The 2017-2018 RAHS school year will bring drastic changes in the English Department. As Mary Ciccone-Cook leaves, current Sophomore English teacher Sarah Fitzpatrick will take on AP Language and Composition, and current Freshman English teacher Wayne Storer will take on AP Literature and Composition. The two will split Sophomore English.
All these changes have left Freshman Aviation English without a teacher, and Nuka Nurzhanov, who is completely qualified for the position, is excited to be stepping in.
“I am thrilled about teaching Aviation English,” said Nurzhanov, “as it will give me a unique opportunity in developing an exciting curriculum that will utilize remarkable aviation and aerospace resources from the Museum of Flight as well as from the notable aviation and aerospace periodicals.”
Her previous position will be eliminated throughout the district in the 2017-2018 school year. Nurzhanov looks forward to overcoming the challenges that the change of pace will bring.
“Challenges would be discovering and incorporating great ideas and effective strategies or instructional practices that work in engaging and exciting students about their learning in class,” said Nurzhanov, “as my professional credo is that all students are capable of learning when they have academic and personal tools to be successful.”
Even though there are always obstacles that come with change, there is a plan in place to make sure RAHS freshmen are as ready for their next few years in high school and the Smarter Balanced Assessment (SBA) as they have been in the past.
“A proposed Aviation English curriculum will be fully aligned with the state Common Core standards,” said Nurzhanov, “to ensure that our students are well-prepared for the state mandatory graduation test, actually exceed the state learning standards, and learn eagerly in the context of aviation and aerospace.”
For all the STEM enthusiasts who desire a stronger aviation connection in core classes, Nurzhanov is looking to get students excited about the field.
“I am excited to incorporate a lot of short reads,” said Nurzhanov, “about new innovations in technology, aviation and aerospace.”
With Nurzhanov holding down the fort in Aviation English, Storer and Fitz are working closely to balance Sophomore English and the extra workload of grading AP timed writes.
“The idea of partnering with a colleague that I like, admire, and respect was kind of the bonus in the whole thing,” said Storer. “I’ll be teaching two brand-new classes that I’ve never taught before, but I’ll be working with Ms. Fitz and I’ll be teaching AP Lit, which is my dream job.”
Fitz, who currently teaches sophomores, is thrilled about the idea of moving up with them and staying as their teacher.
“I am excited to work with upperclassmen and Flight 2 teachers, as well as reading and discussing a variety of nonfiction texts,” said Fitz. “I am also looking forward to teaching new curriculum and working with our incoming juniors, who I absolutely love—they are a special group of kids.”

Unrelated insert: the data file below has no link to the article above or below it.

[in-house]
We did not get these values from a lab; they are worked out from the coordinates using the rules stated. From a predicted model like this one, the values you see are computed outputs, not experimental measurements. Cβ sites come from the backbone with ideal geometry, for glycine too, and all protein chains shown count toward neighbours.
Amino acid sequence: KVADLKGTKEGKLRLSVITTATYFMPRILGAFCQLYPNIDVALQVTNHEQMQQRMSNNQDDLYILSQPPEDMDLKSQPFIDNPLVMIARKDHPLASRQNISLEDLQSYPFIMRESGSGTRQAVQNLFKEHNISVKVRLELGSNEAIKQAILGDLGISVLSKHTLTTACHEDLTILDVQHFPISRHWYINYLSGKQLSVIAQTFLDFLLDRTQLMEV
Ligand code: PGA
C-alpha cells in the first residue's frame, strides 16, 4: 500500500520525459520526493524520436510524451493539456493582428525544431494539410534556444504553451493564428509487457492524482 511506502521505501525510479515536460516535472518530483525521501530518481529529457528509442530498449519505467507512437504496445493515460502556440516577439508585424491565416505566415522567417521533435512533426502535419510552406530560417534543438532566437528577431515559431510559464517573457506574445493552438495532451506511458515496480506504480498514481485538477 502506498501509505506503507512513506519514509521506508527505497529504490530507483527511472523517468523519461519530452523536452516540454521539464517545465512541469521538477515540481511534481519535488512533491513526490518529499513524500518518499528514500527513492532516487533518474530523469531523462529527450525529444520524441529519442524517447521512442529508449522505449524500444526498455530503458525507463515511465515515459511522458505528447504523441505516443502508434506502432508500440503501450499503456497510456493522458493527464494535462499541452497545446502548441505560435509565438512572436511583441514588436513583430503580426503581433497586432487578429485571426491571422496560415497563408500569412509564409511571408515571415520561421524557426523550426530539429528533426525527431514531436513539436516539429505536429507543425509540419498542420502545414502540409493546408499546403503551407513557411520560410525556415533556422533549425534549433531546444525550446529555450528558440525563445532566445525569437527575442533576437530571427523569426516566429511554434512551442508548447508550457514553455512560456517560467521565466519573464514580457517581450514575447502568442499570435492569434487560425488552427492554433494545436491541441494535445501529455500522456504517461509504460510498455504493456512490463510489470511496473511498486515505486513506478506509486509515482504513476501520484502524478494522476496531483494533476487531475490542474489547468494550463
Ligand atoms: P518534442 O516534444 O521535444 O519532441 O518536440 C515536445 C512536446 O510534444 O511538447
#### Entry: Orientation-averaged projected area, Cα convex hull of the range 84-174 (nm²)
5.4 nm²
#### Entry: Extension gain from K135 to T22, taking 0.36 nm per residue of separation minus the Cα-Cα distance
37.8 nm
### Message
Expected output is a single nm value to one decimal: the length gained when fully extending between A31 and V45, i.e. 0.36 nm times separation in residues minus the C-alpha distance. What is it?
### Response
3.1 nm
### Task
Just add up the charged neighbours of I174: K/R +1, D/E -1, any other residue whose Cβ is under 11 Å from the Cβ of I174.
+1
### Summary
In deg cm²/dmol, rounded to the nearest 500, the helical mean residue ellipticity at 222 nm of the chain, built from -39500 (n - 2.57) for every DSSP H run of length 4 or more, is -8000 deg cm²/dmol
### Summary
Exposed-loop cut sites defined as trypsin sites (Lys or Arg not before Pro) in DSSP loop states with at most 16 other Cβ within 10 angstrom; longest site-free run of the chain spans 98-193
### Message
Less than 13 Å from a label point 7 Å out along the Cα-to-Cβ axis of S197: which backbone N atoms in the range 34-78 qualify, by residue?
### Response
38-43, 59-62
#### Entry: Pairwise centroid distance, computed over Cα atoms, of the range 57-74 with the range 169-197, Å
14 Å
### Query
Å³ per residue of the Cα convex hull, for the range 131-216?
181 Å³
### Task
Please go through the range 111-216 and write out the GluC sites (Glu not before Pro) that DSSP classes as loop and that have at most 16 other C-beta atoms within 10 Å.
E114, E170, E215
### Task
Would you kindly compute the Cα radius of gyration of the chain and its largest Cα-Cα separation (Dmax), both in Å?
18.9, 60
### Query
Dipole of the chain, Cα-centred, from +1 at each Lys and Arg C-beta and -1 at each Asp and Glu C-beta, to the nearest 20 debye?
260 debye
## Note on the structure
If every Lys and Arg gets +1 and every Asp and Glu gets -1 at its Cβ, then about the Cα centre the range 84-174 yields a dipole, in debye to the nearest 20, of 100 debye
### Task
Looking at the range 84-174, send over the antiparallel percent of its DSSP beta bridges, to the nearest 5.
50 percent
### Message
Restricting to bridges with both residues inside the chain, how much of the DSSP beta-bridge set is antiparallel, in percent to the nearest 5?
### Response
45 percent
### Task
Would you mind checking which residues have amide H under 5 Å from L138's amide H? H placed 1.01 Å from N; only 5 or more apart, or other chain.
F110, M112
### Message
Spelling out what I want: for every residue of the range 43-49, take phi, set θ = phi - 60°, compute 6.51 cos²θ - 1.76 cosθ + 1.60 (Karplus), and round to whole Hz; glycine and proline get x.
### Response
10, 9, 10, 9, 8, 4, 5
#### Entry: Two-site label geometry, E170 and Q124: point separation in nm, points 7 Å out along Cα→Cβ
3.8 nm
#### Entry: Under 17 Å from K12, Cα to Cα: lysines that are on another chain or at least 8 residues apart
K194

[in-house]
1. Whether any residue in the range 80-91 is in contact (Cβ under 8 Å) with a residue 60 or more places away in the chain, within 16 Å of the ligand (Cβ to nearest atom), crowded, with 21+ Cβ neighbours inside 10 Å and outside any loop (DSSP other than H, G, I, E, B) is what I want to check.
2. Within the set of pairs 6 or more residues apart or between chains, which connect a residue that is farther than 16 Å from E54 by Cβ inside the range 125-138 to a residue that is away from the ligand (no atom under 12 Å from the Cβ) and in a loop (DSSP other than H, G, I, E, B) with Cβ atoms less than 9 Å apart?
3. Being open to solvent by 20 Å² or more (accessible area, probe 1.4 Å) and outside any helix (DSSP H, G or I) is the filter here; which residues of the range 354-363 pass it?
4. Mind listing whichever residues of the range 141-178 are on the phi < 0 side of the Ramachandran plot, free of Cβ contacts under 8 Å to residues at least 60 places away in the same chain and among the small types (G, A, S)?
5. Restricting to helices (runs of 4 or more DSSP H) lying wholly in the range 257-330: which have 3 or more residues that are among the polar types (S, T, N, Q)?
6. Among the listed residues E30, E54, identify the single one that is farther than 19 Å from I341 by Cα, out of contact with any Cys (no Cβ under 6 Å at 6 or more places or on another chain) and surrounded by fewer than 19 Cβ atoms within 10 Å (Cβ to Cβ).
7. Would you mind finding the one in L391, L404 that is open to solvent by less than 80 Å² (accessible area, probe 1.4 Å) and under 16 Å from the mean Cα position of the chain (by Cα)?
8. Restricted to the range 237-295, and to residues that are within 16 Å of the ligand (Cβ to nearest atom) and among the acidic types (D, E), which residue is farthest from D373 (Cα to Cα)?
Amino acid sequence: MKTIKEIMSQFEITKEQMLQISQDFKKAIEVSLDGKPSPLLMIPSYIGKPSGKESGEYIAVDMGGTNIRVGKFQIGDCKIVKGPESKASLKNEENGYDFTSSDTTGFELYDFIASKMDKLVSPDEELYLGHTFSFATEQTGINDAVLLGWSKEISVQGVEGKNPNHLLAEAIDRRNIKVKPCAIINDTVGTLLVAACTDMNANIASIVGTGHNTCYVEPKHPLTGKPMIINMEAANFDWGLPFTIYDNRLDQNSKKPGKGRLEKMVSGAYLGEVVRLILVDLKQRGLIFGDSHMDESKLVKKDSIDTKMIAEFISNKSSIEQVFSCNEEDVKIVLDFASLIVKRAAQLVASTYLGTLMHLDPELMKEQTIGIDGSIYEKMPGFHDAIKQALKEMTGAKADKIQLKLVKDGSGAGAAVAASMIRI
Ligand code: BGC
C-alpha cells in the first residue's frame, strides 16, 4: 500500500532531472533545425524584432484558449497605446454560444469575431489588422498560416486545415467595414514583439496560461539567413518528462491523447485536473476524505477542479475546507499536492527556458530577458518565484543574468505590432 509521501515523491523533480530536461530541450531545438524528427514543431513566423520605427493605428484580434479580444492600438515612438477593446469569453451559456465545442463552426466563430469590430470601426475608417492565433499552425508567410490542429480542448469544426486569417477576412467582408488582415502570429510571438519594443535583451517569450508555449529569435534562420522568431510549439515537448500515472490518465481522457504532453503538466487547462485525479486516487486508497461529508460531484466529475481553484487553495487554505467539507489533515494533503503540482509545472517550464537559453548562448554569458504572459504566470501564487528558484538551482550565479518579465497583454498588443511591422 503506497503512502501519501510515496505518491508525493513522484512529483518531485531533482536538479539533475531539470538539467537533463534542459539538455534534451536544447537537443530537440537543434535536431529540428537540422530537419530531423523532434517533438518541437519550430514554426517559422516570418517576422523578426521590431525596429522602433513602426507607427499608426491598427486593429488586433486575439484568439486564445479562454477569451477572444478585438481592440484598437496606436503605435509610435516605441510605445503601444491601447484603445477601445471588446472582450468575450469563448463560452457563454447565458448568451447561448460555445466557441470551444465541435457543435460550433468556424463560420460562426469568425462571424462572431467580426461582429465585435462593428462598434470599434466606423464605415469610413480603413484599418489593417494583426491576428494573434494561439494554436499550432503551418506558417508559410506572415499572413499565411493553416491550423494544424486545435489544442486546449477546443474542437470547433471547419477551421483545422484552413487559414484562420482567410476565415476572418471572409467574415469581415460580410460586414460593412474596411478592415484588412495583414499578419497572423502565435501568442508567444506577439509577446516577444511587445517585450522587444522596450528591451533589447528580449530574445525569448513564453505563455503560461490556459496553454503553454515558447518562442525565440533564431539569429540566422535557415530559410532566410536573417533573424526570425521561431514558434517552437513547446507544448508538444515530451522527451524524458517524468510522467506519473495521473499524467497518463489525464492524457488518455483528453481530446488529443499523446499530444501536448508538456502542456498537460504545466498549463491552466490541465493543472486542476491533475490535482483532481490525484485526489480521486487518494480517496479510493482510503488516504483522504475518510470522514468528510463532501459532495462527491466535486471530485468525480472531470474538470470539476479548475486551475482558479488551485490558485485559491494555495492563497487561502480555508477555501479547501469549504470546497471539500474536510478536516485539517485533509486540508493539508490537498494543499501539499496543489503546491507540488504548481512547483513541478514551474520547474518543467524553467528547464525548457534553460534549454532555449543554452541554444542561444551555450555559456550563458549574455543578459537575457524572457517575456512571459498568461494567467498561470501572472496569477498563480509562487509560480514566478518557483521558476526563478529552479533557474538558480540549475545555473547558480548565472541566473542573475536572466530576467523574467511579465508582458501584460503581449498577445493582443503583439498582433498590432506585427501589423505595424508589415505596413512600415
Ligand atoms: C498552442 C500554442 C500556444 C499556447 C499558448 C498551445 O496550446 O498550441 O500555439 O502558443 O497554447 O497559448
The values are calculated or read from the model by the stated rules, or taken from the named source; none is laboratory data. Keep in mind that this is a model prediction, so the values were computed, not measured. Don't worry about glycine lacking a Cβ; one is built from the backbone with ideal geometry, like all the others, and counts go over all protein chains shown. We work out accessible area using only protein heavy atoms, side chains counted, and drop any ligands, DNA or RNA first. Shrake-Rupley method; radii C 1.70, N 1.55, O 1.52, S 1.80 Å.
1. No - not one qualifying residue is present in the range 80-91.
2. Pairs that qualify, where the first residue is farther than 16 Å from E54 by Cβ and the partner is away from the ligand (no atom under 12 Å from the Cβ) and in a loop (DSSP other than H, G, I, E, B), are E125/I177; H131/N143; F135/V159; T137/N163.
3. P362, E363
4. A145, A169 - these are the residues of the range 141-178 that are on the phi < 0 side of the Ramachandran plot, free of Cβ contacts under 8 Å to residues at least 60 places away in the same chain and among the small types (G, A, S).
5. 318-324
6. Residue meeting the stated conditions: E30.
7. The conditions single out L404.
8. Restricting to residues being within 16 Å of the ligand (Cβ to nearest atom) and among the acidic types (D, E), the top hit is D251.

The teachers will be planning meetings in the coming month with the previous instructors to prepare for their new positions.
“[Cook] has so many great resources and so many tools and has had success; it would be foolish to reinvent the wheel,” said Storer. “I’ll have a different approach because we’re not the same teacher, but I certainly will be borrowing liberally from Ms. Cook.”
Fitz, similar to Storer, is intent on learning as much as she can from Cook and AP U.S. History teacher Michelle Juarez about how the class should be run and what strategies were successful.
“I plan to ask her as many questions as I can think of and take copious notes in order to provide our students with the best experience possible,” said Fitz. “I have also met with Ms. Juarez, who has been helpful and very supportive. She has shared valuable advice and materials with me. I am beyond grateful for their willingness to share their experiences and wisdom, because without them, I would be lost.”
Even with the help of those experienced in teaching the courses, Storer is nervous for the pressure and challenges that come with developing plans for courses that are new to him while also maintaining his commitment to avoiding busy work.
“Part of it is making sure that what I give to the students in that class is worthy of the work that they put in,” said Storer. “I know that, in the end, it will be because I care so much, but I put a lot of pressure on myself.”
With quite a lot on her plate already with work and family, Fitz recognizes the time commitment that teaching an AP course will bring.
“I know that I will need to spend most of my summer planning and preparing to teach AP Language,” said Fitz. “I also recognize that there will be more grading and that I will need to devote even more time to providing feedback for students in a timely manner.”
Despite the nerve-wracking challenges that teaching new classes will bring to all the English teachers, their excitement is inspiring.
“If I only get to teach [AP Literature and Composition and sophomore English] for one year,” said Storer, “[they] will probably be my favorite two classes so far in my ten years of teaching.”